44 results found
Systems Work Better Together: Strengthening Public Workforce & Homeless Service Systems CollaborationMarch 30, 2018
Drawing from in-depth interviews with public workforce and homeless service systems leaders and the work of our five Connections Project sites, this paper identifies common barriers to public workforce and homeless service systems collaboration and recommends how to address these barriers in order to help ensure that homeless and unstably housed jobseekers can access economic opportunity and stabilize in housing.
Preventing & Ending Homelessness Through Employment: Lessons Learned & Pathways Forward - 2017 National SummitOctober 18, 2017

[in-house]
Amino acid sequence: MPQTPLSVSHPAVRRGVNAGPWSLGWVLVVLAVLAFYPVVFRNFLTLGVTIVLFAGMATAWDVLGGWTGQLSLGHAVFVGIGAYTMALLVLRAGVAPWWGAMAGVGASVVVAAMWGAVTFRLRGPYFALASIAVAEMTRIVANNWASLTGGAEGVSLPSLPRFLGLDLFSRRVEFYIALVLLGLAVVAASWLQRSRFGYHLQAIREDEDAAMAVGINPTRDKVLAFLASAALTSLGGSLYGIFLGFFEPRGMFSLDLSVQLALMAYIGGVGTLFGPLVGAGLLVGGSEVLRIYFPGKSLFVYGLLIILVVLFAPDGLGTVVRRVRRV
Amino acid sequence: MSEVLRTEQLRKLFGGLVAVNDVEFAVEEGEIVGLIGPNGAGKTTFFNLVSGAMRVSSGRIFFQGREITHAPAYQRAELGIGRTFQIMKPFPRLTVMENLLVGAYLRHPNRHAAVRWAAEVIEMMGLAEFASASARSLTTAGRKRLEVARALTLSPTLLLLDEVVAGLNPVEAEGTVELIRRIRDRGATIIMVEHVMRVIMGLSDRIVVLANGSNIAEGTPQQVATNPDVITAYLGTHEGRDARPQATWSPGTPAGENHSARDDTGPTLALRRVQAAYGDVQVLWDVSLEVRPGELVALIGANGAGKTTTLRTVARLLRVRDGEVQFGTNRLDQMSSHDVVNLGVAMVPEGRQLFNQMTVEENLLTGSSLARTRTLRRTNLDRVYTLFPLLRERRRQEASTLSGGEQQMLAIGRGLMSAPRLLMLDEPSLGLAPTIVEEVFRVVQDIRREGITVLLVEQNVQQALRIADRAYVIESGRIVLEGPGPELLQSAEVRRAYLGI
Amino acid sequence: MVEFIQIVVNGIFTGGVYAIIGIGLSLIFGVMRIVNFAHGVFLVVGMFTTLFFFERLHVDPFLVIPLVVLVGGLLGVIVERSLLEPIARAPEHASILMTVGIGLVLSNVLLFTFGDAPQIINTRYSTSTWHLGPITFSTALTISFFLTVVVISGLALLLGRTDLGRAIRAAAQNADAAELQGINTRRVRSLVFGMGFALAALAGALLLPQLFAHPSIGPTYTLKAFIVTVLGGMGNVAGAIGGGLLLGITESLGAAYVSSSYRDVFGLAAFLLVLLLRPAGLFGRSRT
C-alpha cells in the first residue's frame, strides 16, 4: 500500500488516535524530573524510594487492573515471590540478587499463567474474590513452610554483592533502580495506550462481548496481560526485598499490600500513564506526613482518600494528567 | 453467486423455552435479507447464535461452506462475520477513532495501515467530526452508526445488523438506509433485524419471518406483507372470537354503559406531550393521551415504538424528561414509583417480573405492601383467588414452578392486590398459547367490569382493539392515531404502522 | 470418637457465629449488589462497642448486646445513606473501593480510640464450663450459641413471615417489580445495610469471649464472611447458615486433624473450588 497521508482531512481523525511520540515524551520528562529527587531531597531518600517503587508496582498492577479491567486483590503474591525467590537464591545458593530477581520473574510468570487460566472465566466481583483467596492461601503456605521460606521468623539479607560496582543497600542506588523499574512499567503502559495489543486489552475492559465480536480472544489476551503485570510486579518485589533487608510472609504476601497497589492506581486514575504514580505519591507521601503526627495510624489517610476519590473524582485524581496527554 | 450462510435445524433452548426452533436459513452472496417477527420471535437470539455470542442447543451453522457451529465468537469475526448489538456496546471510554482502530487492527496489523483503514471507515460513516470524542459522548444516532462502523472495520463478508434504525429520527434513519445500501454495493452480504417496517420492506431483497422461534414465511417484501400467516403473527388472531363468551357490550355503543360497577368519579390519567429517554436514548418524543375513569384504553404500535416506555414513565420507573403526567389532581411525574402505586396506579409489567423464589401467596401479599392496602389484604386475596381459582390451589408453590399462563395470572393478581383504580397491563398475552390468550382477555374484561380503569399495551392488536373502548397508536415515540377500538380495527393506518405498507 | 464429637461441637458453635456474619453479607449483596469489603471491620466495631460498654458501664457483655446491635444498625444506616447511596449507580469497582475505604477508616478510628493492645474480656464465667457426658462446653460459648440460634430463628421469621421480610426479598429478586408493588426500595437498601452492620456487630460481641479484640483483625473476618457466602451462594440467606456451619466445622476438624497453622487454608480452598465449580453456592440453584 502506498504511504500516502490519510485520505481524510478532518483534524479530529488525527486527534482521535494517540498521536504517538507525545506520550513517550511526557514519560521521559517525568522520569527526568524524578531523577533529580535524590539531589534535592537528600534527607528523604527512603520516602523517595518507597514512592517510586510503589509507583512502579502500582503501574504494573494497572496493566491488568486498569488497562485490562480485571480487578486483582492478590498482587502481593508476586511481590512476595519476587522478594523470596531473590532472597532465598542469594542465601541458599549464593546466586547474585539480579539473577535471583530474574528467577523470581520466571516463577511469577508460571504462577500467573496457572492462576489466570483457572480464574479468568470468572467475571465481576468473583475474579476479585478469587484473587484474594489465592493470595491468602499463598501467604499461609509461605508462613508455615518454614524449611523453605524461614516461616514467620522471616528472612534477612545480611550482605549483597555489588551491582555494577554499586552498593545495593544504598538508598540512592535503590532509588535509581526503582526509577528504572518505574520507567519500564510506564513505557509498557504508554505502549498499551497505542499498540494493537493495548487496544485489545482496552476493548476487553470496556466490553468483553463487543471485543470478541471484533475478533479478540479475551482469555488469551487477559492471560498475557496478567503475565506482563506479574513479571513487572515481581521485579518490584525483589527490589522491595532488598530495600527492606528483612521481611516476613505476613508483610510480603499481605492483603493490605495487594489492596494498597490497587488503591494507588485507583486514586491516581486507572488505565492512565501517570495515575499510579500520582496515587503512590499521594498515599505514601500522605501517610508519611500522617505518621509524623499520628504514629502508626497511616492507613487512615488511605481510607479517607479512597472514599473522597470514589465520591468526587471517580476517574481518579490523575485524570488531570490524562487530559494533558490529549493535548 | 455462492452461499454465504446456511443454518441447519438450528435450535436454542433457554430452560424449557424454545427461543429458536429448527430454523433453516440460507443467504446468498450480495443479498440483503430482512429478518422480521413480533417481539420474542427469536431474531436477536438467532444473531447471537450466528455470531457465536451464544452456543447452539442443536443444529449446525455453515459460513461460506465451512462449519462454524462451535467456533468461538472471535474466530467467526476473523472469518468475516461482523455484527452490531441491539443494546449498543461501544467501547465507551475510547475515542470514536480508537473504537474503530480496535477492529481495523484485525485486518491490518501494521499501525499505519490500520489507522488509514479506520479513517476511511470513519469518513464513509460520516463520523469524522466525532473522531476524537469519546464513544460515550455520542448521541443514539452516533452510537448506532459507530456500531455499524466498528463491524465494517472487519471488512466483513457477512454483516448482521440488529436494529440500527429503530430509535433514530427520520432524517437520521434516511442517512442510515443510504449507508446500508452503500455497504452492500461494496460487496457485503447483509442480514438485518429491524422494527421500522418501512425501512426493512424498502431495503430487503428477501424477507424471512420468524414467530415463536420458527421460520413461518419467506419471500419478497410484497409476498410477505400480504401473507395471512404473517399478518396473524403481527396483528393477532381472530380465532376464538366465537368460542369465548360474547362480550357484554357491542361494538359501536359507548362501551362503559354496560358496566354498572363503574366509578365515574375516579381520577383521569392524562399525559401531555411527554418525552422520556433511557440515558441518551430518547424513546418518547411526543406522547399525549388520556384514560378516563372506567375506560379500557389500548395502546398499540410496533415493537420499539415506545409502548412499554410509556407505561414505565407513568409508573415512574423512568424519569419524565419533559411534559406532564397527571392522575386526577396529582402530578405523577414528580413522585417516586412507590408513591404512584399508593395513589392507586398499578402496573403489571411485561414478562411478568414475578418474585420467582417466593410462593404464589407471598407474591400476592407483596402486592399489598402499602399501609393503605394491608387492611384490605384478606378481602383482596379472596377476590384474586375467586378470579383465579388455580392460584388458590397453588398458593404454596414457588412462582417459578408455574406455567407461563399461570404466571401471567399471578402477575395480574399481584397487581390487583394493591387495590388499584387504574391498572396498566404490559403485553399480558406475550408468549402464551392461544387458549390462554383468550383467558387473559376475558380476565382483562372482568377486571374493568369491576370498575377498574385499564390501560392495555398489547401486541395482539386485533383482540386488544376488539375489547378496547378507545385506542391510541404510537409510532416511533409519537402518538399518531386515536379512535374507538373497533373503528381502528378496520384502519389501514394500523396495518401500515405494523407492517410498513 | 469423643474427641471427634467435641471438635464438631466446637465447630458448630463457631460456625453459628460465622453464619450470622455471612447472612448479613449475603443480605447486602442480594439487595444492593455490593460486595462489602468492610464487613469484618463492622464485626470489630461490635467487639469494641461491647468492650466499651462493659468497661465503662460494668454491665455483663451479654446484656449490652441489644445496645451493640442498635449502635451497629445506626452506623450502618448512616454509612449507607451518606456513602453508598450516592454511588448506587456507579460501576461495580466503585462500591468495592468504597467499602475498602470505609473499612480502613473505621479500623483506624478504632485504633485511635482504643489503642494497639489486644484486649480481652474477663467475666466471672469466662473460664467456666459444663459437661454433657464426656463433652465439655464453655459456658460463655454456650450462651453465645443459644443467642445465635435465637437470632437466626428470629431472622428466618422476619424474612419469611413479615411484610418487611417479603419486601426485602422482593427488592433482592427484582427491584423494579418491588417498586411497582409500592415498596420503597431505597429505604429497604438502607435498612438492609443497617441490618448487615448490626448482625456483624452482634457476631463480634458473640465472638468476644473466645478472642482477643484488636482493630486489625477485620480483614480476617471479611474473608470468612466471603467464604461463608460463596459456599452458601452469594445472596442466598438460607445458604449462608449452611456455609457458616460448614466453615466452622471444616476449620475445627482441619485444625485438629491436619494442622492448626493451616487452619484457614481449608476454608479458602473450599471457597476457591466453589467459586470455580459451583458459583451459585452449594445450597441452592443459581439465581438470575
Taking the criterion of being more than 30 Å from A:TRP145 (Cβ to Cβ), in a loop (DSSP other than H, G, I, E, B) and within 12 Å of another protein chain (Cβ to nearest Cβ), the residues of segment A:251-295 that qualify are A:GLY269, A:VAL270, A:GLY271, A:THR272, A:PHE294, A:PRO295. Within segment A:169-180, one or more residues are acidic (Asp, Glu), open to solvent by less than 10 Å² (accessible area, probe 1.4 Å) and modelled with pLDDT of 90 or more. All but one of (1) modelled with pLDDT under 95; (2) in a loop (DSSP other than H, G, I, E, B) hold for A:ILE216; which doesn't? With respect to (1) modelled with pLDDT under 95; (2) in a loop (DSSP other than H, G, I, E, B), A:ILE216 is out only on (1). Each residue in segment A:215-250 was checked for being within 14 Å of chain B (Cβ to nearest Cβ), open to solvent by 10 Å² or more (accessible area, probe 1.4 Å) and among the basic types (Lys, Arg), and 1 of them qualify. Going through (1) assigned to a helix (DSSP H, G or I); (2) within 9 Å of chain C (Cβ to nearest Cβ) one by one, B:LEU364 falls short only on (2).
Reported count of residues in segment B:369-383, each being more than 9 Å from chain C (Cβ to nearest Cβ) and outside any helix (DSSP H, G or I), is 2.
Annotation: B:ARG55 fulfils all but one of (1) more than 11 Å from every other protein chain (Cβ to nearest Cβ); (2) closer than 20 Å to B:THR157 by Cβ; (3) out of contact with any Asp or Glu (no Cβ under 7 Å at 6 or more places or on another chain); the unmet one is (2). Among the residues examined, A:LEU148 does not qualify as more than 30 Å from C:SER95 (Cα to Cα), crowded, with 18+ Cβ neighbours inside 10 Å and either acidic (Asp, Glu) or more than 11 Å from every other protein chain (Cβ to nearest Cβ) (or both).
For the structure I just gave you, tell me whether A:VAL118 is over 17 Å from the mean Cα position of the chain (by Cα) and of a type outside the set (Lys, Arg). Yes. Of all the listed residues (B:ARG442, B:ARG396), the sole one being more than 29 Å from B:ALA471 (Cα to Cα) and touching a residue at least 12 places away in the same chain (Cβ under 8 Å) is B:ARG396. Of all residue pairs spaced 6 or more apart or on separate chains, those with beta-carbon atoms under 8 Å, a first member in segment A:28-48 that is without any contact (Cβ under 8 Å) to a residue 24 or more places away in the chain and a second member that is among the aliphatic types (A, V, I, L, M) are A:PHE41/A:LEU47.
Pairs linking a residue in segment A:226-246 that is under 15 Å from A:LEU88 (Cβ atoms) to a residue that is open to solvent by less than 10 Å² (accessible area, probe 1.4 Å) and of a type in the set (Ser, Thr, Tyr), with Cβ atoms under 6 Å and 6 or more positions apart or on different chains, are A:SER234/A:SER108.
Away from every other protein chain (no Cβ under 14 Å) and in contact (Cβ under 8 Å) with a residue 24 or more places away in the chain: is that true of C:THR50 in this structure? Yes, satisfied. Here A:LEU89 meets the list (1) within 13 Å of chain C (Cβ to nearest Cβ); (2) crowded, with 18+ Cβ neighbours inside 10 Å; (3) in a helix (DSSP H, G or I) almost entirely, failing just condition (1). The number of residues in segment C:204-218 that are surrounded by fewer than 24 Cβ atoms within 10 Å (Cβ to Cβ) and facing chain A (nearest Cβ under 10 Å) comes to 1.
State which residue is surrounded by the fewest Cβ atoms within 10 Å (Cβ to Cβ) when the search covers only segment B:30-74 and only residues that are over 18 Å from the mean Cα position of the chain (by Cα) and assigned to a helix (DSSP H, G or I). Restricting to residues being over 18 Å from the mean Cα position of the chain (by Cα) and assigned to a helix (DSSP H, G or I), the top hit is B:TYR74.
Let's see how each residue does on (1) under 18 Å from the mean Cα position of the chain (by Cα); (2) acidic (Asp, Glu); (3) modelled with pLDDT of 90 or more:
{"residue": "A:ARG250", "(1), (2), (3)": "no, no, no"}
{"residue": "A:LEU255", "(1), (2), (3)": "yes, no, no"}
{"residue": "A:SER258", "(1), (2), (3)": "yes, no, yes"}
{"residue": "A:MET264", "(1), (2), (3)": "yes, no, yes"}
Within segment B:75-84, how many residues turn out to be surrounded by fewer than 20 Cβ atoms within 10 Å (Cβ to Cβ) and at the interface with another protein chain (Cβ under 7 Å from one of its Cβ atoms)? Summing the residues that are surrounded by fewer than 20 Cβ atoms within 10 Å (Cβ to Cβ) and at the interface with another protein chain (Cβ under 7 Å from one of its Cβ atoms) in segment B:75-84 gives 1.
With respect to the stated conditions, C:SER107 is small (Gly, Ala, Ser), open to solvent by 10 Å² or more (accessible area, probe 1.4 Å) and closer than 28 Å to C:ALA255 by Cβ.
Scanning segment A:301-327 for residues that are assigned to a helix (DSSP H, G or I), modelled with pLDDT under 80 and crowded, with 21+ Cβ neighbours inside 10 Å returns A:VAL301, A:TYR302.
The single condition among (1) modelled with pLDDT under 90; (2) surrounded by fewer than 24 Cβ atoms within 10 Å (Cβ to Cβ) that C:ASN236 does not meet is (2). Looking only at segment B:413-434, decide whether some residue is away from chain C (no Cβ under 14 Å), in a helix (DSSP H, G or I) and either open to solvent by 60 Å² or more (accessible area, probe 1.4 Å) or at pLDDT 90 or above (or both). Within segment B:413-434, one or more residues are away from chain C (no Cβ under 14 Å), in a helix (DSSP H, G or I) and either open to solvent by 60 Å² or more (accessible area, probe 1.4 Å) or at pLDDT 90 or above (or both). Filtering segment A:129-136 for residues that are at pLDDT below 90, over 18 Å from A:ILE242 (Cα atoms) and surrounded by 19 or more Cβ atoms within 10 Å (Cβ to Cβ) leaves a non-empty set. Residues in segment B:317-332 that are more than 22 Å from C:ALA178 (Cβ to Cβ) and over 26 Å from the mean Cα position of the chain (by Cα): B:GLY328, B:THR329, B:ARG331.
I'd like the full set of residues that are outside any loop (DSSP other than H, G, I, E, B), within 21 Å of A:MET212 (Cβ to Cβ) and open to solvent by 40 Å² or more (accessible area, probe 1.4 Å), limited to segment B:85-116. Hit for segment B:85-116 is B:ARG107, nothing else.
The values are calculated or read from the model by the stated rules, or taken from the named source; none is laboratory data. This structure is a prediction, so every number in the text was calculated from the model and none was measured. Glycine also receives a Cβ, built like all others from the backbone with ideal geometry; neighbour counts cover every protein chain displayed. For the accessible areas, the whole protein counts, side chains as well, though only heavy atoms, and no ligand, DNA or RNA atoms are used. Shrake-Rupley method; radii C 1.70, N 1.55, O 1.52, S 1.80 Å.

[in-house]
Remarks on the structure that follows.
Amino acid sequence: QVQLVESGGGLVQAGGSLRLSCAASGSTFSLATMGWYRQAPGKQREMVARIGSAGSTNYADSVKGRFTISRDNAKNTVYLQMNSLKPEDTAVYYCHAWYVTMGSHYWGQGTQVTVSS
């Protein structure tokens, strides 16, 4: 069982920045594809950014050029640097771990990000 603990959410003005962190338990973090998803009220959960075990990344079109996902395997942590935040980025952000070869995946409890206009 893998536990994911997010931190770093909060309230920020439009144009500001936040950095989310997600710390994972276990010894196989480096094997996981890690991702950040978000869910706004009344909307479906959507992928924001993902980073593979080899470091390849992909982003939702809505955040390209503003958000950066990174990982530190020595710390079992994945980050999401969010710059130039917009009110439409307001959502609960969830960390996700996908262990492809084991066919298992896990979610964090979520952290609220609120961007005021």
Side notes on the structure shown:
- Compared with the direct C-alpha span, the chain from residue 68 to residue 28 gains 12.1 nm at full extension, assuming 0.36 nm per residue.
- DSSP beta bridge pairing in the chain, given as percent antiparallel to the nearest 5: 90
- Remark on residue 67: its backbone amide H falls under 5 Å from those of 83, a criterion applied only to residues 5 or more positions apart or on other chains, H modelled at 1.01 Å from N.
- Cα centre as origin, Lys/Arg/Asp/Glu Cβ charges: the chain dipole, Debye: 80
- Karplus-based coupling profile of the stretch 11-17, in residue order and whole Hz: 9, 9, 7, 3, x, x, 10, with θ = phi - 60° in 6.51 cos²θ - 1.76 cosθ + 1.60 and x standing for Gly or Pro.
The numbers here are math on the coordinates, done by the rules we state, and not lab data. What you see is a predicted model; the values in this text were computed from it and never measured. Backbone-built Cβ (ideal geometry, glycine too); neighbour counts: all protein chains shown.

Preventing & Ending Homelessness through Employment: Lessons Learned & Pathways Forward A national summit in collaboration with Heartland Alliance, the United States Interagency Council on Homelessness, and Funders Together to End Homelessness along with the support of the Melville Charitable Trust and the Oak Foundation.
People experiencing homelessness often face challenges connecting to the employment supports they want and need. Asset mapping is a process by which communities can gain a clearer understanding of available services, the systems and agencies that deliver them, and how individuals connect to those services in order to improve referral pathways and ensure people receive the services they need.This resource outlines the steps of L.A. County's asset-mapping process for two cluster communities in the county: South Los Angeles and the San Gabriel Valley. We hope this resource will provide communities with one example of potential steps and resources to consider as they develop their own asset-mapping process.
Hearts and Minds in Houston: Implementing and Evaluating Cross-Trainings on the Value of Employment for Ending HomelessnessNovember 3, 2020